The substantially round and spherical green pellets formed were placed in alumina boats, which were loaded into a box kiln operating under the conditions described in Table 4A.

TABLE 4A
Sintering Conditions for Co-Milled Calcined Kaolin
1 2 3
HR (° C./hr) 960 960 960
Soak Temp (° C.) 1250 1265 1300
Soak time (min) 30 30 30

Various properties of the sintered pellets prepared from each blend were evaluated. The results are reported in Table 4B. A result reported as “n/a” indicates that the property was not determined.

TABLE 4B
Properties of Sintered Pellets of Co-Milled Calcined Kaolin
1 2 3
BD (g/cc) 1.08 1.14 1.27
ASG (unitless) 2.49 2.58 2.67
Whole Pellet SG (g/cc) 2.87 2.85 2.86
4 Kpsi Crush (%) 8.6 4.3 2.9
4 Kpsi ST Perm (Darcies) n/a 219 n/a
6 Kpsi ST Perm (Darcies) n/a 109 n/a

Table 4B shows that low bulk densities were achieved for each of the three batches of control proppant. In addition, batches 2 and 3 achieved 4 Kpsi crush strengths comparable to the batches of Example 2. However, the batches of Example 2 that were tested for permeability (Example 2, Batch No. 2) had unexpectedly higher 4 Kpsi and 6 Kpsi ST permeabilities than the permeability measured in the control proppant (Example 3, Batch No. 2) at the same pressures. A comparison of the Short Term Permeabilities in Tables 3B and 4B shows that the proppant of Batch No. 2 of Example 2 has an 18% higher permeability at 4 Kpsi and a 42% higher permeability at 6 Kpsi than Batch No. 2 of the control proppant of Example 3.

FIG. 6 is an optical micrograph of crushed proppant from Batch No. 2 (soak temp 1265° C.) of the control proppant made in Example 3. The micrograph shown in FIG. 6 was taken by first performing a crush test on the sample at 4,000 psi, and then retaining the material which was screened to minus 40 mesh. The micrograph of the retained material (i.e., the minus 40 mesh material) was then obtained according to the procedure described for FIGS. 2 and 3. The micrograph illustrated in FIG. 6 was taken at 25.6× magnification.

FIG. 7 is an optical micrograph of crushed proppant from Batch No. 2 (soak temp 1300° C.) of the proppant made from co-milled kaolin clay and calcined diatomaceous earth in Example 2. The micrograph shown in FIG. 7 was taken by first performing a crush test on the sample at 4,000 psi, and then retaining the material which was screened to minus 40 mesh. The micrograph of the retained material (i.e., the minus 40 mesh material) was then obtained according to the procedure described for FIGS. 2 and 3. The micrograph illustrated in FIG. 7 was taken at 25.6× magnification.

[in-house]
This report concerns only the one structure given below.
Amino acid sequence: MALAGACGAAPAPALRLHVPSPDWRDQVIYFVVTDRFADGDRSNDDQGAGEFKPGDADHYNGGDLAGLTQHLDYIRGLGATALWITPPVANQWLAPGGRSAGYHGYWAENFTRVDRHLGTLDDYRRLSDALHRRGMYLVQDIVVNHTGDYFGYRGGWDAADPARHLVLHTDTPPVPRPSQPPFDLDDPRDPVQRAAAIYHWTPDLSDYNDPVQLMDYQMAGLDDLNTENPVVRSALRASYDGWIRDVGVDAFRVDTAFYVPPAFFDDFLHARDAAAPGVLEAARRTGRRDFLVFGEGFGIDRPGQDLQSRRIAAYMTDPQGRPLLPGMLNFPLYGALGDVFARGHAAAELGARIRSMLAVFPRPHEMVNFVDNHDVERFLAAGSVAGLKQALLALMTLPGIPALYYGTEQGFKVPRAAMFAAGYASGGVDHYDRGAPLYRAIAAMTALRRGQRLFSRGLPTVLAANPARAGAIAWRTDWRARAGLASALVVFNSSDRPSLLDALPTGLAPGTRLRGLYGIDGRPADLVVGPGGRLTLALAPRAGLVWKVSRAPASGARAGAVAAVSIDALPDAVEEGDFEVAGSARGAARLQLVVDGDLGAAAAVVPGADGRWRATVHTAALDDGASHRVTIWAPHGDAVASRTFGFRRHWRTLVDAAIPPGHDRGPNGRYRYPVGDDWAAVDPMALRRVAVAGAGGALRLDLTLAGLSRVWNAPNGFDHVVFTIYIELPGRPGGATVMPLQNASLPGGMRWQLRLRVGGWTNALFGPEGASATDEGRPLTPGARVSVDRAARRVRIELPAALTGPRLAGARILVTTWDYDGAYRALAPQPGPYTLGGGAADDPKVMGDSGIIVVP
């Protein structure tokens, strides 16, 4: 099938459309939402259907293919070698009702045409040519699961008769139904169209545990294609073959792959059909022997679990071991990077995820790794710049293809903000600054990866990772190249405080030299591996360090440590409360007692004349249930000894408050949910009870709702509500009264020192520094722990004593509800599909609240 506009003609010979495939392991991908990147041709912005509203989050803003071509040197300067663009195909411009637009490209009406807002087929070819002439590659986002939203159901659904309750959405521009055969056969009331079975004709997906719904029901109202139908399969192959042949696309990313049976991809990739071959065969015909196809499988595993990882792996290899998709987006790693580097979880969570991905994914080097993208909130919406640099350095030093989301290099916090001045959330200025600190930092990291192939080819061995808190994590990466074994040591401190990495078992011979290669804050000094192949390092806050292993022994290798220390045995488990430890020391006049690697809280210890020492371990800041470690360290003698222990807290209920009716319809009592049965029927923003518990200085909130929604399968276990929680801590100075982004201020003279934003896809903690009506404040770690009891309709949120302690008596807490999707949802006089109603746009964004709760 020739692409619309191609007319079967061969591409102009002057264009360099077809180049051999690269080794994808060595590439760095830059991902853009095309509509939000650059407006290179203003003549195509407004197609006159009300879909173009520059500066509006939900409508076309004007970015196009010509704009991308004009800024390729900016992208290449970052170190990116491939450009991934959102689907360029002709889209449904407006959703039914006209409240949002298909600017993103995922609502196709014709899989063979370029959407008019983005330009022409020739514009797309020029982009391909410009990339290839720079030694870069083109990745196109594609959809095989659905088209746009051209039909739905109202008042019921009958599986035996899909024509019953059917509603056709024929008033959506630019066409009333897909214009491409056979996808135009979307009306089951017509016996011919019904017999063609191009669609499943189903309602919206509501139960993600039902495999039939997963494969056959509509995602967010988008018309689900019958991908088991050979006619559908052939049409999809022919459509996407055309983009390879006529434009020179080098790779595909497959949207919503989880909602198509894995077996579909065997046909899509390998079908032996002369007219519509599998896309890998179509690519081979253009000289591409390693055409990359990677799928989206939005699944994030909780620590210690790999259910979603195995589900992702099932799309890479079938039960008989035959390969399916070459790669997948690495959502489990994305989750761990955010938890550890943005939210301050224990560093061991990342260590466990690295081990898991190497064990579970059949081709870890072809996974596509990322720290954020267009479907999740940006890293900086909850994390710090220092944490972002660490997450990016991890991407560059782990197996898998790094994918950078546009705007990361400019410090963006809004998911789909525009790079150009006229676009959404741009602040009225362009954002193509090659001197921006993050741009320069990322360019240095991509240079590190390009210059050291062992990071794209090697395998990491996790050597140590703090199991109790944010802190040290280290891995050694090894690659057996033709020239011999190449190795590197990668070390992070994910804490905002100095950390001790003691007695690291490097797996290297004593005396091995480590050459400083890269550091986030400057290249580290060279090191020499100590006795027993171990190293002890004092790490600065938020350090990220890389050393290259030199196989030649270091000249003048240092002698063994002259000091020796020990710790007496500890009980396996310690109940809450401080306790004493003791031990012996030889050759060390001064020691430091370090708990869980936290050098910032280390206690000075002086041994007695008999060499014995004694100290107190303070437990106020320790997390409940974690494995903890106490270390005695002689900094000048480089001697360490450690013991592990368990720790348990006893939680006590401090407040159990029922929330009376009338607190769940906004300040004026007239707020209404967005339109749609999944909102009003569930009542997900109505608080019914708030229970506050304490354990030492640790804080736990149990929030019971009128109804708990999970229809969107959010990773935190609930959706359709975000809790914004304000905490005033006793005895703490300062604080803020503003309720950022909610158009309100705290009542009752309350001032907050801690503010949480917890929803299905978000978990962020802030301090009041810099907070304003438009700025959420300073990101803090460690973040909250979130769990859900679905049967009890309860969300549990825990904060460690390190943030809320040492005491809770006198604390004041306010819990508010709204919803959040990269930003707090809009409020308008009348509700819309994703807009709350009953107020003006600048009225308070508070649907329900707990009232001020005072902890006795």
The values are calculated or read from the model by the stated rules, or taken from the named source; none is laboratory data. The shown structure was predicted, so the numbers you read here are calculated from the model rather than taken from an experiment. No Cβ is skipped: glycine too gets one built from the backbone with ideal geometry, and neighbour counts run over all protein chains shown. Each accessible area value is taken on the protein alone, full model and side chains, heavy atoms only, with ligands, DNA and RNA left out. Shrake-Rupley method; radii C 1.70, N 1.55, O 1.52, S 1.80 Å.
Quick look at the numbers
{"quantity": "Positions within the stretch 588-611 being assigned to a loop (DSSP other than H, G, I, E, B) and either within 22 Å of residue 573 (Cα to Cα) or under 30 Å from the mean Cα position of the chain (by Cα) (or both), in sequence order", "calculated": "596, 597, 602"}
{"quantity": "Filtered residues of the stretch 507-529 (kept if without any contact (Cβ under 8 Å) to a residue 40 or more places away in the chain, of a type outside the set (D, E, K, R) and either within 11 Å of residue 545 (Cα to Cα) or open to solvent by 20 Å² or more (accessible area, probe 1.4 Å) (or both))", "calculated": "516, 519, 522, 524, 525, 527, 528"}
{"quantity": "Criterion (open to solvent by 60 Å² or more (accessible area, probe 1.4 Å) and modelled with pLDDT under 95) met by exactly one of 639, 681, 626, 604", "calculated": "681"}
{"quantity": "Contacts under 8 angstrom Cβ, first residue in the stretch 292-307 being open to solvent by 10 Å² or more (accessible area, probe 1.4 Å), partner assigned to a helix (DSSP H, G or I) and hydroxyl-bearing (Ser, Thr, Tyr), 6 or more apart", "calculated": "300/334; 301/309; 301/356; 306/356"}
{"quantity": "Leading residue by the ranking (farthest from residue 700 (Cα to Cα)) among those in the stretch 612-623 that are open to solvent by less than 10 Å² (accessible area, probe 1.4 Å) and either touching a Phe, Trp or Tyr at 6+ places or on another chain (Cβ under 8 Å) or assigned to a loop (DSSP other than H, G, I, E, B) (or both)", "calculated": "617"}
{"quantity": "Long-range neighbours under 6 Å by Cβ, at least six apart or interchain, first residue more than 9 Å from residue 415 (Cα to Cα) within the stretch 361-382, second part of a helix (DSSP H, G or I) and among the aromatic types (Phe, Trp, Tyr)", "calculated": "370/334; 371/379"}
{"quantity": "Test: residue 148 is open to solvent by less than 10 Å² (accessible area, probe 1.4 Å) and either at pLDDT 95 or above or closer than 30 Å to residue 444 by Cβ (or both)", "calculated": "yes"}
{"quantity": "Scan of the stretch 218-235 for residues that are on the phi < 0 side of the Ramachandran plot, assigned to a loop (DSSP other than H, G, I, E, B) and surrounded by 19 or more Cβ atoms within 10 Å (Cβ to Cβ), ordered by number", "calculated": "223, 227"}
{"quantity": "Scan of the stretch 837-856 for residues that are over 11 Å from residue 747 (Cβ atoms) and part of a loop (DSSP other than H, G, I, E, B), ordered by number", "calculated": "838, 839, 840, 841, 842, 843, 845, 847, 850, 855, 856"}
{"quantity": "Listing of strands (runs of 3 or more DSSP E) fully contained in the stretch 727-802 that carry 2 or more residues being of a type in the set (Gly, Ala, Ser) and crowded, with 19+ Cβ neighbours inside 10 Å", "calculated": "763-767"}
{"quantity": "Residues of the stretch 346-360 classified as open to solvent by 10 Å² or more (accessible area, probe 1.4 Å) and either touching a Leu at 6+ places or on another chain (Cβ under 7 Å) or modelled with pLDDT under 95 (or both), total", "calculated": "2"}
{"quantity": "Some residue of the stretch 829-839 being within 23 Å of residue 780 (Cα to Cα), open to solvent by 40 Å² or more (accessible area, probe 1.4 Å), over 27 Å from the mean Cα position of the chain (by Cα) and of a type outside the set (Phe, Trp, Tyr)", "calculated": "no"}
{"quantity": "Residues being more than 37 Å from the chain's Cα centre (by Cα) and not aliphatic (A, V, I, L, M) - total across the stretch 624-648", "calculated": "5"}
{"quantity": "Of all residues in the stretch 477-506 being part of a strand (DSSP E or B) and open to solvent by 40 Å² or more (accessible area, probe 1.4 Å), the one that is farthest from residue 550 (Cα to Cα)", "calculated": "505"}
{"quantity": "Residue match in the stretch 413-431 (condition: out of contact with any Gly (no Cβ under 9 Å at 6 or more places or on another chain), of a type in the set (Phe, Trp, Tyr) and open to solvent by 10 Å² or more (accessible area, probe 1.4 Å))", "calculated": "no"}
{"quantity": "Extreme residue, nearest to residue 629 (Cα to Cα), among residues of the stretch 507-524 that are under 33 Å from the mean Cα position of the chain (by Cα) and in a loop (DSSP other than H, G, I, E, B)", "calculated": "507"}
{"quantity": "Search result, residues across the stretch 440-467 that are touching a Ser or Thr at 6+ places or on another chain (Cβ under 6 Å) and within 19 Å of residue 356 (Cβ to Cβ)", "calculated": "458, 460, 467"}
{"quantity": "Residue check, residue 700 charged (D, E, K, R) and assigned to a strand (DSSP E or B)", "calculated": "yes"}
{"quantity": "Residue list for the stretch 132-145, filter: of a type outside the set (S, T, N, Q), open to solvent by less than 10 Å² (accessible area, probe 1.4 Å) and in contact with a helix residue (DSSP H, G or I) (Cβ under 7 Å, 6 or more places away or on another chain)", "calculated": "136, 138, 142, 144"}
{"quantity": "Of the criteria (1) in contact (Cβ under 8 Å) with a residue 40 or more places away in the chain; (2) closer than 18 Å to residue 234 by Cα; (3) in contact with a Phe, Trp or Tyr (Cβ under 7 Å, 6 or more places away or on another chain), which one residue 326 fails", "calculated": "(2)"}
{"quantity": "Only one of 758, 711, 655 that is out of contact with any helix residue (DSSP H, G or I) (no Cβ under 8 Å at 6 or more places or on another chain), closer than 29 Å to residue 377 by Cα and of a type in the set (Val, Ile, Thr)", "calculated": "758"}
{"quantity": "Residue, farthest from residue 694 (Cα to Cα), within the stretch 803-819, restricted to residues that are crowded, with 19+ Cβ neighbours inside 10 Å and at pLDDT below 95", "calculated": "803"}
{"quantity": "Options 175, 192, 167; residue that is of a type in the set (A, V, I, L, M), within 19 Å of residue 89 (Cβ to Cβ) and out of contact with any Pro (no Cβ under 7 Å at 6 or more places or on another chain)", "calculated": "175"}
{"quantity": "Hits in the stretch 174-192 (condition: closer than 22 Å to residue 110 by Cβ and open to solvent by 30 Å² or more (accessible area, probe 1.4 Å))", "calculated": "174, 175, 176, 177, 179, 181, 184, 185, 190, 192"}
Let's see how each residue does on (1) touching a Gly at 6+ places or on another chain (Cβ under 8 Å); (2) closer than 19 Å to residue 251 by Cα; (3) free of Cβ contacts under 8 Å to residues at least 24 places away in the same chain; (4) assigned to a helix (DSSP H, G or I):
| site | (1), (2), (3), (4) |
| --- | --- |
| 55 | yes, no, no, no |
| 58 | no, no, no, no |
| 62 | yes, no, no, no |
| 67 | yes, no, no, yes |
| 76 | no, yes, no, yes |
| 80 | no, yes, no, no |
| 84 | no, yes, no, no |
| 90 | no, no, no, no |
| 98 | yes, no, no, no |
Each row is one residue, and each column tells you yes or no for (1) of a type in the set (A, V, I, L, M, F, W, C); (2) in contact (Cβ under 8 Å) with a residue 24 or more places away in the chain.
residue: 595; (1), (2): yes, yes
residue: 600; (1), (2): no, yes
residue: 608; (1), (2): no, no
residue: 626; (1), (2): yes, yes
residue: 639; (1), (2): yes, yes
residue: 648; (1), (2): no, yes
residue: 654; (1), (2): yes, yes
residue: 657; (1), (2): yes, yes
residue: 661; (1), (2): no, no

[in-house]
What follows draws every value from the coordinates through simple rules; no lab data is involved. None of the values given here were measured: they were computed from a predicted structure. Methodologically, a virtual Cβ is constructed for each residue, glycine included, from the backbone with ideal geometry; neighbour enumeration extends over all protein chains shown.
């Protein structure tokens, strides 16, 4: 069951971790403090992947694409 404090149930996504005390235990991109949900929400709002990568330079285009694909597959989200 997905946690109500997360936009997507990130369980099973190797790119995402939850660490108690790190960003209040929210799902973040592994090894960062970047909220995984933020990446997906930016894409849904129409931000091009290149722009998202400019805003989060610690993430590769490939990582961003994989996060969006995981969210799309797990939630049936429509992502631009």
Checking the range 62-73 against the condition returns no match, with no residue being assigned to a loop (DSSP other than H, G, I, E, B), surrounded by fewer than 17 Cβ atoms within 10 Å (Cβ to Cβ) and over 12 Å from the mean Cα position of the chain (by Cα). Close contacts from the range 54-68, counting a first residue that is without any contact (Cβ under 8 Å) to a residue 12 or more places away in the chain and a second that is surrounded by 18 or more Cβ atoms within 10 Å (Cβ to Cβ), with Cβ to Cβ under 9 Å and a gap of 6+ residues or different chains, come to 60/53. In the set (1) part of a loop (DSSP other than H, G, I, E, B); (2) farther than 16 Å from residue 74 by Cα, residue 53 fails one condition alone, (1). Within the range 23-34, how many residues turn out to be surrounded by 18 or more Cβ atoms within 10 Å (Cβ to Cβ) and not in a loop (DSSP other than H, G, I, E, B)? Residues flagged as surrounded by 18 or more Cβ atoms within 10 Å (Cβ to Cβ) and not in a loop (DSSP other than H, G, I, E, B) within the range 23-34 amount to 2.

As evident in FIGS. 6 and 7, the control proppant fractured into a large number of small pieces upon fracturing, while the proppant made with kaolin clay and calcined DE fractured into larger pieces. Larger pieces are less likely to migrate in a propped well, and so would result in improved permeability and therefore increased oil or gas production.

It was theorized that the phenomenon of the proppant made with kaolin clay and calcined diatomaceous earth fracturing into larger pieces than the proppant made with just kaolin clay was caused by increased kaolin matrix strength due to the higher sintering temperature (soak temperature) required to achieve the same bulk density in proppant made with 15% calcined DE (Example 2) compared to proppant made from 100% kaolin clay (Example 3). Basically, to achieve equal bulk densities, a higher soak temperature is required when calcined DE is present than when it is not.

EXAMPLE 4 Pellets Made from Co-Milled Calcined & Burned Kaolin Powders

For this Example 4, three batches of proppant were prepared from a co-milled kaolin clay (the calcined kaolin clay reported in Table 1) and burned kaolin clay (the burned kaolin clay reported in Table 1).

The kaolin clay and the burned kaolin clay were individually ground to powder form, and then dry-blended in an Eirich mixer in a ratio of 85:15 of kaolin clay to burned kaolin clay until the powders visually appeared to be thoroughly mixed, as described in Example 1. The dry-blended kaolin clay and the burned kaolin clay were co-milled in a jet mill as described in Example 2. Substantially round and spherical green pellets were formed from the jet-milled kaolin clay and the burned kaolin clay according to a process using a high intensity mixer as described in Example 1 above.

The substantially round and spherical green pellets formed were placed in alumina boats, which were loaded into a box kiln operating under the conditions described in Table 5A.

TABLE 5A
Sintering Conditions for Co-Milled Calcined & Burned Kaolin
1 2 3
HR (° C./hr) 960 960 960
Soak Temp (° C.) 1280 1290 1295
Soak time (min) 30 30 30

Various properties of the sintered pellets prepared from each blend were evaluated. The results are reported in Table 5B. A result reported as “n/a” indicates that the property was not determined.

TABLE 5B
Properties of Sintered Pellets of
Co-Milled Calcined & Burned Kaolin
1 2 3
BD (g/cc) 1.12 1.13 1.16